Tuesday, January 25, 2011

A Minor Forest - So Jesus Was at the Last Supper. . .

So Jesus Was at the Last Supper. . .

This song is from a true forgotten masterpiece, A Minor Forest's Flemish Altruism. Sometimes I let myself fantasize that the world of independent rock bands will rediscover and want to imitate this band and its brilliant balance of visceral punk energy stripped of adolescent rage crossed with sly composition stripped of chamber/prog pretense. And that I'll still be going to shows when that happens.

As much as anything, I love that A Minor Forest rocks lean. Their songs aren't simple and they certainly aren't concise, but every element steps in and makes its statement without flailing sonic excess or unnecessary instrumental duplication. I picked this track less because it's one of my favorites on the album -- I love it, but there are ones I love more -- than because it's such a nice illustration of this leanness, despite running for an almost totally linear fourteen minutes.

It opens with a syncopated 4/4 drum beat soon joined by a dead-simple 3/4 guitar arpeggio and then eventually a teutonic slow bass line. None of the parts would be particularly exciting in isolation, but together they make a lattice* as tight as the math rock analog to the parts of a James Brown tune -- that's a pretty loose comparison, but feel me on the syncopated simple-part combo, if you would.

Another great AMF feature is the drummer (I'm pretty sure it's the drummer) screaming starting at 2:38 while the guitar remains undistorted. Hello? How come no one else ever does that move? Why does it have to be that if one dude is rocking out at 11, all distortion pedals must be on?

Other great features are all the other parts and how much they rock. So about that '90s indie post-punk math-metal revival. . .

*It is hearby acknowledged that I used the metaphor of a lattice earlier in this blog. I think it works well for music I like, so whatever. I'm surely the only person who noticed of the four people who actually read these posts.


  1. Hey Ben! MAP here. So happy to discover we share the AMF love! We have lots of disagreements about music, but I'm a HUGE HUGE AMF fan. So overlooked. I first heard them back around 1996 at the college radio station when I was a freshman where some uber-hipster guy was playing some 10+ minute piece on his show and he told me something like "to me, this is prog rock" because I was known as a "prog head" at the time. A few years I got the Flemish Altriusm disc and really fell in love. Then Inindependence came out and I totally locked into it too. Over the years my appreciation for those discs has grown exponentially, to the point where it's one of the really deep, sacred listening experiences for me. I went into the AMF zone as recent as sometime last year I think. I love the way the drumkit sounds have so much space around them and such understated rhythms. I feel like I'm savoring every cymbal hit in the uncluttered texture. AMF is pure rock poetry right up there with Velvet Underground. I pretty much love everything about AMF, those 90s "post-hardcore" climaxes included. That two disc post-mortem collection has great stuff too.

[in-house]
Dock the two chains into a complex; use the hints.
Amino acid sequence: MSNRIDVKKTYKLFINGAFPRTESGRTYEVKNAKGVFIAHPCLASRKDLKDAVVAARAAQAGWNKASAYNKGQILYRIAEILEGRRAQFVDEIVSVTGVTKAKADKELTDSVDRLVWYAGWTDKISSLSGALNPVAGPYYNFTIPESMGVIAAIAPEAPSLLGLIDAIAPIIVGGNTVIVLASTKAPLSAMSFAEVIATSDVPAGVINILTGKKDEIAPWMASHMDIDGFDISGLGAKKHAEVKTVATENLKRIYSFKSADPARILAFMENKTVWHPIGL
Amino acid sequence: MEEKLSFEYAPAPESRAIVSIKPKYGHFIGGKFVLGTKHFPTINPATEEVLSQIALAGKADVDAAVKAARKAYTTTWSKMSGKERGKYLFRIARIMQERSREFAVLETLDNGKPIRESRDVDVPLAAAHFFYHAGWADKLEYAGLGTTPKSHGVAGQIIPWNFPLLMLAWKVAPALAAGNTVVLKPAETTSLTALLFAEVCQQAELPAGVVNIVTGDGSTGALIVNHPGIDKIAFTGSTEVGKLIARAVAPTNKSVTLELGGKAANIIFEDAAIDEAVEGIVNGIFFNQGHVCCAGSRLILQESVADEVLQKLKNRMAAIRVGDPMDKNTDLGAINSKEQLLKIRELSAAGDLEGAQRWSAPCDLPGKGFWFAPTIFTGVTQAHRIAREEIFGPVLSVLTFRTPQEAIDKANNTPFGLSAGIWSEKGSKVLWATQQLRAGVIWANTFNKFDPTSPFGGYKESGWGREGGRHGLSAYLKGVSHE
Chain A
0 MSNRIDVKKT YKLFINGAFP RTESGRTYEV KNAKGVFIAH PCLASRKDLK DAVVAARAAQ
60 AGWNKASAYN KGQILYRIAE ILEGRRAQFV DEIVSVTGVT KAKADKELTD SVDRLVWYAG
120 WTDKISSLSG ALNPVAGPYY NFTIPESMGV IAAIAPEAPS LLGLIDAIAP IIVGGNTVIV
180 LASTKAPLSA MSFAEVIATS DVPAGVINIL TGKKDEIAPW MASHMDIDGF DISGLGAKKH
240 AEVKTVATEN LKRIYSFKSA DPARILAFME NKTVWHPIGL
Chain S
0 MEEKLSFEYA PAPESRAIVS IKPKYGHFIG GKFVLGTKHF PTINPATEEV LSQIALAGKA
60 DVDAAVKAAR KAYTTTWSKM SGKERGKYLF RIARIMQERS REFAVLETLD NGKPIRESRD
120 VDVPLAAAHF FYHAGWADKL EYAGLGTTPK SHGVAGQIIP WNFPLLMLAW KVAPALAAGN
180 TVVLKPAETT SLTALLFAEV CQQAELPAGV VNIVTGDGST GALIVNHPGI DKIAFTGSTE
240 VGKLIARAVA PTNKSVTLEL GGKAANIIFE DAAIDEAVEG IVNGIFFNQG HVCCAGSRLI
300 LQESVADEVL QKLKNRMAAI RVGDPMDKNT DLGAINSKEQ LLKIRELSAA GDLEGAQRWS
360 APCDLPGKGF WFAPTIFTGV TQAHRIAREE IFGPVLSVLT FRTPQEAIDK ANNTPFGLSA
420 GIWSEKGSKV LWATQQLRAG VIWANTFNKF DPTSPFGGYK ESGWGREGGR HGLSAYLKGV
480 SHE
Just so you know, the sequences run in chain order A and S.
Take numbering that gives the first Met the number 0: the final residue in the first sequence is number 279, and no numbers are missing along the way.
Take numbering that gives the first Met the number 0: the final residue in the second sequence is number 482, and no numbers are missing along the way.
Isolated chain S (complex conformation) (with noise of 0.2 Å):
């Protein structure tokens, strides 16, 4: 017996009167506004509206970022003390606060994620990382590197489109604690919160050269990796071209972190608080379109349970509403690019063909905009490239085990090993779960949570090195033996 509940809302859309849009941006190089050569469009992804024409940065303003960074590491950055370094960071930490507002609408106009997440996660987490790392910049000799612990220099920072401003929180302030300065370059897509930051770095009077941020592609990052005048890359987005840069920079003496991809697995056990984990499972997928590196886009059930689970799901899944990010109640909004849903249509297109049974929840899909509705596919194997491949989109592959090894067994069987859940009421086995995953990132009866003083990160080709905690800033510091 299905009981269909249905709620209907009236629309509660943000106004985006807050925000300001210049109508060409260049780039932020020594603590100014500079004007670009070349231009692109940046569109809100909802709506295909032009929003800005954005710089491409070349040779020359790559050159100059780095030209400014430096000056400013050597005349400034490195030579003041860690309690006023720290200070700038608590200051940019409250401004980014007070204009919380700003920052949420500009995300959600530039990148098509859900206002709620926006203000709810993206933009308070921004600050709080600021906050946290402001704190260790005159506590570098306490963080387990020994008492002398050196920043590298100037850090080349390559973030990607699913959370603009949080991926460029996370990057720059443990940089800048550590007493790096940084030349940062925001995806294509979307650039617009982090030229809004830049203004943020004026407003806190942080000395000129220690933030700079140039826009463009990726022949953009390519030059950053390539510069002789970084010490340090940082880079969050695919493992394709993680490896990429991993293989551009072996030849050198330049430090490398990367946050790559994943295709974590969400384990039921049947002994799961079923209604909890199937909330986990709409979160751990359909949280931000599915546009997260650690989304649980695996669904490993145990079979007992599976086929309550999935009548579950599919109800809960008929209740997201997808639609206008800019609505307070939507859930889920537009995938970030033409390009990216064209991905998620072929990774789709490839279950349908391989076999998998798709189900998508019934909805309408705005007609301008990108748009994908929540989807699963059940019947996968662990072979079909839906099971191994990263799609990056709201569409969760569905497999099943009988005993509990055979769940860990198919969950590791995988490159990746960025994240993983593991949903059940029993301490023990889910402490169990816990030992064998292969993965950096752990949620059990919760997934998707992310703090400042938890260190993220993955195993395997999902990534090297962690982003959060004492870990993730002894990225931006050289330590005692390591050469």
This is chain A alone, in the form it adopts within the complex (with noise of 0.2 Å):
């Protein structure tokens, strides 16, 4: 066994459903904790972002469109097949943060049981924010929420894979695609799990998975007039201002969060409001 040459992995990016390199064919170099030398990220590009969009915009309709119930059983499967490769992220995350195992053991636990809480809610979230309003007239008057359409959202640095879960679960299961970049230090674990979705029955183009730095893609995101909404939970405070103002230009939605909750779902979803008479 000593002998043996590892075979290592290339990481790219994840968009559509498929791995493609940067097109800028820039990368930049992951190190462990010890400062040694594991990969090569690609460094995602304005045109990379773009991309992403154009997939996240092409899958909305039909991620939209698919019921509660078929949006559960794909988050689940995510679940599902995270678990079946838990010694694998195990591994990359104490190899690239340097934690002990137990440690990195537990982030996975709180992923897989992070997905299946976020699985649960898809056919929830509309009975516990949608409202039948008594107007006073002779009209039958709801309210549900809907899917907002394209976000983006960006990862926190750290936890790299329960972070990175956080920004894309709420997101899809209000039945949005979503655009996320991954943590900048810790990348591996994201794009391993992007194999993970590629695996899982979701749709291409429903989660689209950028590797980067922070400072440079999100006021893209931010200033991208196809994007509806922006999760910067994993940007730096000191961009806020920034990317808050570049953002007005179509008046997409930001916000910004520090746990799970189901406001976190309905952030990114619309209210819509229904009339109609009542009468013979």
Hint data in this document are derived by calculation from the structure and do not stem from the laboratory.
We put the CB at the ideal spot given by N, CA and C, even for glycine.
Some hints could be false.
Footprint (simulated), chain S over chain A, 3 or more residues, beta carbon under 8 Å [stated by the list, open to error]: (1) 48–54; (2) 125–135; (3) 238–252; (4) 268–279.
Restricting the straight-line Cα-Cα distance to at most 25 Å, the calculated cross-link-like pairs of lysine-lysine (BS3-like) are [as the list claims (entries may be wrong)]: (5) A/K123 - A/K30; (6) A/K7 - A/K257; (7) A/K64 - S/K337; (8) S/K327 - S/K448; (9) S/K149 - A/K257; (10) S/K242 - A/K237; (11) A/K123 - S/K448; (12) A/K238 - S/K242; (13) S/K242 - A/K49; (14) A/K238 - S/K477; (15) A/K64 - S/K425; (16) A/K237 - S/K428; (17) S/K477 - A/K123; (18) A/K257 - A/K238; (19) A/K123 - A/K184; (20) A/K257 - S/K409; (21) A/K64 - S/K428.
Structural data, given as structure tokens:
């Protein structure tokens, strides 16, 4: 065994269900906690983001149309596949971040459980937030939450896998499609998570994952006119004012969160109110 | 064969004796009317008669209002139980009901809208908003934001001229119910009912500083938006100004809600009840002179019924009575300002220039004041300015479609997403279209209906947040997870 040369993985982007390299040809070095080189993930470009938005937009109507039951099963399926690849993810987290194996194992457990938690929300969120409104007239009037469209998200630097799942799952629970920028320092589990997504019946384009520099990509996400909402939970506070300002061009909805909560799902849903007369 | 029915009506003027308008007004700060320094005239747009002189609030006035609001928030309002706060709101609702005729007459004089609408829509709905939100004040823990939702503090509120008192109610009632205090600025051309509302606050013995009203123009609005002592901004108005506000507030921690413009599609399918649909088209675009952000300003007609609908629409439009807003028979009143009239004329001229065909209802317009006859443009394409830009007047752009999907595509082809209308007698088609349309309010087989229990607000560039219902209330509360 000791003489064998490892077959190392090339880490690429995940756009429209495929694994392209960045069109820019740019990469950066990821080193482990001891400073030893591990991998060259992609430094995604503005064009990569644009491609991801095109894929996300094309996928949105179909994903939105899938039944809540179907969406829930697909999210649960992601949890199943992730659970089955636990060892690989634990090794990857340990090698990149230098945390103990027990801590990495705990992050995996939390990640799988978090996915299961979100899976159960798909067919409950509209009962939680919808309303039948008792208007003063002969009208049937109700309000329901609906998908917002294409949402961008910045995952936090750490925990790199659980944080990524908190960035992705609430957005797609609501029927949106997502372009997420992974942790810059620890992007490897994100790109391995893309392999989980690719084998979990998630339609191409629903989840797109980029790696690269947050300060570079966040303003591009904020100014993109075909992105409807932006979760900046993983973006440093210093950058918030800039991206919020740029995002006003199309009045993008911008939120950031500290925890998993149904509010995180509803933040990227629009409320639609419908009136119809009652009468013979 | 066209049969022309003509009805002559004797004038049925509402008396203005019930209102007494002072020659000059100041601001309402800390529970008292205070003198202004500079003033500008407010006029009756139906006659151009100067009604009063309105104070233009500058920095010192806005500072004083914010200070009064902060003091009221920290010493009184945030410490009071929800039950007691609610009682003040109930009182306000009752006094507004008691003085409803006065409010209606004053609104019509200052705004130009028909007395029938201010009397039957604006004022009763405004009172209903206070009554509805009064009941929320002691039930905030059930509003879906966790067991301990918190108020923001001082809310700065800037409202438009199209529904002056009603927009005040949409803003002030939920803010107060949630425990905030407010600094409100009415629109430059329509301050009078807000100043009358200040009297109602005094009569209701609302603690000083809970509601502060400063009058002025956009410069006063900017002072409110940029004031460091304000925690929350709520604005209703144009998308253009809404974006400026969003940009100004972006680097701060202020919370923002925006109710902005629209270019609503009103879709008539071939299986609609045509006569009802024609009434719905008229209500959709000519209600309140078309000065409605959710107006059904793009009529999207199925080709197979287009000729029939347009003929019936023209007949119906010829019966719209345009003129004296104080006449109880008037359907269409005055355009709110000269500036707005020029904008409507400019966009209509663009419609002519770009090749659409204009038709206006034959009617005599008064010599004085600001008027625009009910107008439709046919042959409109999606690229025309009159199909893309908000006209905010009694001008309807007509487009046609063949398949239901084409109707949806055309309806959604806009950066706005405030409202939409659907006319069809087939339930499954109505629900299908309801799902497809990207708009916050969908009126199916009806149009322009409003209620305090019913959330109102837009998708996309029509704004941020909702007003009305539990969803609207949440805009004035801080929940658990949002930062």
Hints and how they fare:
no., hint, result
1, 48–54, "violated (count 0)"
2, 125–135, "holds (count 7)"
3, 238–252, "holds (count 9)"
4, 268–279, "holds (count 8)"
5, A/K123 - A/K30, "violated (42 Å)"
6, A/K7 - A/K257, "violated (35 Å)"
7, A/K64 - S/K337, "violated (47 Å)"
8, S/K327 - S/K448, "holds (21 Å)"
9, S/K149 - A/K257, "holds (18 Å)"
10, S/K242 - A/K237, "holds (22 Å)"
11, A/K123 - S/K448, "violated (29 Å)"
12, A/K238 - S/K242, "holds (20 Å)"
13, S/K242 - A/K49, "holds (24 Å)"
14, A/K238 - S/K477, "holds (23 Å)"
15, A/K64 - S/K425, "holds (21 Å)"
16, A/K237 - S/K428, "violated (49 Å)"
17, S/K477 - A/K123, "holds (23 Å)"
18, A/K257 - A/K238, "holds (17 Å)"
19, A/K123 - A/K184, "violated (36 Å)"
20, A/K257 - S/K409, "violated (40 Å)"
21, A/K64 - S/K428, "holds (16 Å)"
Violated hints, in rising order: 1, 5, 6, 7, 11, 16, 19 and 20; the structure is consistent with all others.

2. Nice! Thanks, Mike. Total agreement here. For me, historically, I heard this band first a couple years after the height of my listening to June of 44, Slint, Rodan, and other related music. I liked it but for some reason I never owned Flemish Altruism. I have some vague memory of it seeming musically sarcastic or something vis-a-vis Spiderland. I finally picked up a used copy while I was living in the dead-dull suburbs of Tokyo in 2004 and I listened to it every day for a month of so. Each part so right on and purposeful, and yeah uncluttered like you said. Classic Electric Audio recording quality too (both Albini and Weston are credited).

    I never saw them, but Jake (of Little Ocean fame) did and said they set up with the drummer's back to the audience so they could still be in a circle like they (and every other band) are when they practiced. Pretty sweet move.

    Anyway, thanks for the comment. I encourage you to drop as many of those as you want/can on this little creative writing project of mine.

  3. I also loved Rodan! I need to revisit that, and I will listen to June of 44 because I've never heard of them.

  4. Oh weird. June of 44 was Jeff Mueller from Rodan's next band with the bass player from Hoover, the drummer from Rex, and the guitar player from. . . I think he was in Lungfish briefly. Not exactly a supergroup? Maybe a "supragroup," in the traditional of being "underground."

    Anyway, yeah, some good music from that era. Some holds up well still.